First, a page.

“Here? Sort of. Not really. There are a few little installations- if you walk up the river for a ways, for instance, it forms a little pool, and there are always people fishing there.”
“Fishing?” In the gray river, she wondered? “What do they catch?”
“I don't think I've ever seen one catch anything.”
Fishing in the river of life, thought Katy. It struck her as a terribly human thing to do.
The sixth pleiad was a garden, caged in gates of iron and an open roof that looked up to an orange sky. The garden was grown over, and Simon pointed out a path curving past a palmy tree. They meandered, Katy kicking at a creeping white flower with a whorl of petals. It fractured convincingly. There were many plants that Knight never quite recognized, but no people, and few other creatures- at one point, a fat bird with huge wings flapped overhead. She didn't look up.
“You seem distracted,” Simon noted.
“What? No, it's-” She sighed. “That engine. Why's it there?”
“You know you can't do anything about it now.”
“Yeah.” She looked up and waited for the bird to come back- it didn't. She couldn't say why, but she didn't tell Simon about the little slips of paper she had fed into the engine. Didn't want to tell him about the one last mystery she felt she needed to solve before the gate of the last house opened.
It was, undoubtedly, an obsession now. But he didn't mind- the senior staff he had known were always obsessed.
Five new messages had come through the Engine in the last three days. Five. And he suspected, strongly, that they were related. They had the same sort of polite, scientific curiosity that made him think it was intentional- though still interspersed with static-y lines and smudge and random characters in different typefaces. Sometimes words: FALL was a common one, as were BLANK and WHEN. The last one that came through was in all bold type: MEET YOU AT THE END
The next experiment they were due to try was shapes, and besides, nothing meaningful was coming through anymore. The first circle input became an egg; then a star became an egg with small stick figures nearby; then a charcoal sketch of a landscape became an egg towered over by indistinct humans.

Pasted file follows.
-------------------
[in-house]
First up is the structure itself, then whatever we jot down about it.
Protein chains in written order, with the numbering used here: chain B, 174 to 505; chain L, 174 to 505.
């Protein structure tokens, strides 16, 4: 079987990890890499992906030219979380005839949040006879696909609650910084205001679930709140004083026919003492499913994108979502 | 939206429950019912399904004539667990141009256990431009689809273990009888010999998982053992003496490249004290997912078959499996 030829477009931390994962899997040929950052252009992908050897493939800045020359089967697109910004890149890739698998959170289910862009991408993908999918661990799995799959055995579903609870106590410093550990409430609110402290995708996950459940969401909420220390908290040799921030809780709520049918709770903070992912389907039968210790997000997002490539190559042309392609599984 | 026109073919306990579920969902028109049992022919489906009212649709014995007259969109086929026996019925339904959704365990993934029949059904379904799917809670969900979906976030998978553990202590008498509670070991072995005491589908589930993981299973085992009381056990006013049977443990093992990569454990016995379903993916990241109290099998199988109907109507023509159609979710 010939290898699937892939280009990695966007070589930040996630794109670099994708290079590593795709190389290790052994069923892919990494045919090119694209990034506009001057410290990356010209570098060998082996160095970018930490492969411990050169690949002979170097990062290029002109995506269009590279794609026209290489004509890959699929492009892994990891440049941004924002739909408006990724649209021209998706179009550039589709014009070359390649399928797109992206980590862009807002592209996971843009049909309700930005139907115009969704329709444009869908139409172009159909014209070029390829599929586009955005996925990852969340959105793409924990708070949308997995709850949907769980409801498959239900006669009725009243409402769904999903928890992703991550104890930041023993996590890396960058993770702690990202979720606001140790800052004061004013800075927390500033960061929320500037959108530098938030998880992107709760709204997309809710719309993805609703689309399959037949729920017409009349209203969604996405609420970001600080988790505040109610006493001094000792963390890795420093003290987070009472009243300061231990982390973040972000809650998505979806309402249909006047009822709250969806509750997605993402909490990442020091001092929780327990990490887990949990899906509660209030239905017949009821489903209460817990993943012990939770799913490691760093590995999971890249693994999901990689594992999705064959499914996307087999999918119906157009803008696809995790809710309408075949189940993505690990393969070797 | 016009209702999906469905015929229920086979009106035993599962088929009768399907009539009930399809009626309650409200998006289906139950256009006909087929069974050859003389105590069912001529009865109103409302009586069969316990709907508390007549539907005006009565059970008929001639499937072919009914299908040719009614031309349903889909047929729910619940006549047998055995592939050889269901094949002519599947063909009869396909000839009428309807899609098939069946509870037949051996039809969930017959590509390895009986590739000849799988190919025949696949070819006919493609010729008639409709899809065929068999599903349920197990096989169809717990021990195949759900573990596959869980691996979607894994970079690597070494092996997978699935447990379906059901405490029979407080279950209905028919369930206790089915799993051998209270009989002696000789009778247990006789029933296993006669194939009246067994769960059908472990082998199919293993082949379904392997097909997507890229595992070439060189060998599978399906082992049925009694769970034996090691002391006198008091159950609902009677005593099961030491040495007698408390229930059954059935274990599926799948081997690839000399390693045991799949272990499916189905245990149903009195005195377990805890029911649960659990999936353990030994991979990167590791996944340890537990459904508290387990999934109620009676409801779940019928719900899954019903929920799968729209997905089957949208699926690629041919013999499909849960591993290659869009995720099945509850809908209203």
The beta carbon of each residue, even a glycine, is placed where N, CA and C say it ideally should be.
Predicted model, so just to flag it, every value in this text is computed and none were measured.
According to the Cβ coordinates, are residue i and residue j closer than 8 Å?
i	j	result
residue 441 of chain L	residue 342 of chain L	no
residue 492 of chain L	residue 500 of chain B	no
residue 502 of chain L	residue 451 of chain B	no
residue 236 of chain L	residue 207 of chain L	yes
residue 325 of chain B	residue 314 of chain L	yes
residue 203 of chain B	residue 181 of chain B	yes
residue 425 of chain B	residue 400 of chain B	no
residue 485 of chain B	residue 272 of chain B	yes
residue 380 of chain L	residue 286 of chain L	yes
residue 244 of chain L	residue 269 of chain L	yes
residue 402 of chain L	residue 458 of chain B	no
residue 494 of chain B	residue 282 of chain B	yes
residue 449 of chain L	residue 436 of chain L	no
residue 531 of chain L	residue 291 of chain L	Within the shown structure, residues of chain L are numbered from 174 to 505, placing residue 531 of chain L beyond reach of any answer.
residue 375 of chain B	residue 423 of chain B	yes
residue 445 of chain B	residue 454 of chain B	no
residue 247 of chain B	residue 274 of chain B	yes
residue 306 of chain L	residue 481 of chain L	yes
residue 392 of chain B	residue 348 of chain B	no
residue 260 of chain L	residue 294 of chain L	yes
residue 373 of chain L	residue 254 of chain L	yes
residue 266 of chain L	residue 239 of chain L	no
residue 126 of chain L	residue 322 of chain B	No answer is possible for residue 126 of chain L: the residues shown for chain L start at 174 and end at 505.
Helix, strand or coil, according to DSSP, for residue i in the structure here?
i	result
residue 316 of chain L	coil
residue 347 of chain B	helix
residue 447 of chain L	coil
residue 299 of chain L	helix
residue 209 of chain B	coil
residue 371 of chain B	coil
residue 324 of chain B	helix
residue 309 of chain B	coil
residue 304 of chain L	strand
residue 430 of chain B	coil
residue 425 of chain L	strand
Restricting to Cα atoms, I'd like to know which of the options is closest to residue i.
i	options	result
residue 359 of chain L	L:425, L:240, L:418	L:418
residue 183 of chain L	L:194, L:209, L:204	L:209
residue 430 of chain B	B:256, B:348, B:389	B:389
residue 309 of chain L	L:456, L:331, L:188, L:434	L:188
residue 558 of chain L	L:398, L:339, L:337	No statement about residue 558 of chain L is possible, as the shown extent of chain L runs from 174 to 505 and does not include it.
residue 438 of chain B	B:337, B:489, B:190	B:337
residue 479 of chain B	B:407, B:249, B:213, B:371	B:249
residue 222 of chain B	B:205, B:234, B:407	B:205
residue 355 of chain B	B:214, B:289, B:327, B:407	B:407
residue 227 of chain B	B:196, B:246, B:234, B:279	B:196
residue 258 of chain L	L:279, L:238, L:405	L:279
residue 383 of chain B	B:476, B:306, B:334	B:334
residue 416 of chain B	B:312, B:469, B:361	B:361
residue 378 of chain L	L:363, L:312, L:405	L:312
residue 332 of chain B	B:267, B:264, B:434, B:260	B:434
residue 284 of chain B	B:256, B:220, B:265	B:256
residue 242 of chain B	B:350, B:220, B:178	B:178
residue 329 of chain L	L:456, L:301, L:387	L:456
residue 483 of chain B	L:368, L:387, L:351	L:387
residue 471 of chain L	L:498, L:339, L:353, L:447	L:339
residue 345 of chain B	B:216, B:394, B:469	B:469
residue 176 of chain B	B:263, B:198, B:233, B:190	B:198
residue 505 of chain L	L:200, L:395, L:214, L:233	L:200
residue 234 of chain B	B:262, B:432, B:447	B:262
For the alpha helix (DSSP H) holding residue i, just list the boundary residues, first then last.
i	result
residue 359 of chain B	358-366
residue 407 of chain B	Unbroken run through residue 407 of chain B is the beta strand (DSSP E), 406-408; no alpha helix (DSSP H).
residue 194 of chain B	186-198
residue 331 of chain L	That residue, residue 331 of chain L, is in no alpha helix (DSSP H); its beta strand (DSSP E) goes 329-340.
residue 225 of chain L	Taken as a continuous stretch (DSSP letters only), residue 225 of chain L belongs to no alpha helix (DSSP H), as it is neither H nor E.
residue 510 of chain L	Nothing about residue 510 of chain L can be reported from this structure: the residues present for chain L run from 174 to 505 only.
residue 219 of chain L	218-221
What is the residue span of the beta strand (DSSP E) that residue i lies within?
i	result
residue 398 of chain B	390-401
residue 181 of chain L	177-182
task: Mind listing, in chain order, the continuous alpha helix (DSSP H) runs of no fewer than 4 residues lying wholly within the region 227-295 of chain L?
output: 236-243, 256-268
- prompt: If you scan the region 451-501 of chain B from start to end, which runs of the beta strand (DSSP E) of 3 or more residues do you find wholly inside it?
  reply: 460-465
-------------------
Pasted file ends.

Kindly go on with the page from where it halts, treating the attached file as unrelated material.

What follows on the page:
It was not obsession, Otis thought, if it was something really important.
He stalked the halls of Site 43 and was bothered by no one, reports sent to his office on time without delay or imprecision. The staff had realized that he was the site director for good, not Katy, and it was on their heads if they couldn't keep up.
He hung a picture of a city skyline in his office, with a little light, so that it was there into the night. Johanna knocked on his door one evening and he let her in.
“Sir?” She asked him. “The thing you wanted me to do.”
“Is it possible?”
She slid a closed, faux alligator-skin folder at him, which he did not open. He looked at her. “Well?”
“It's, um… I think it will. But it'll take a lot of blood. And it might not go as planned, there's a high chance of failure. I couldn't get any good leads.”
“So what's this?” He shook the folder
“Don't get me wrong. That's how to do it.”
Dawn, such as it was in the sunless, cloudy otherland, found Katy in the back room of the museum again. She drank from a carton of red juice with one hand, watching the engine run. A stack of three-by-eight inch slips of paper sat next to her. Simon was wandering somewhere else. She sighed, and scribbled a picture of stars and a little landscape on a slip and pushed it in. As expected, a similar sheet of paper fed out the other end. She read it immediately.
It was pencilled neatly:
LOOK BEHIND YOU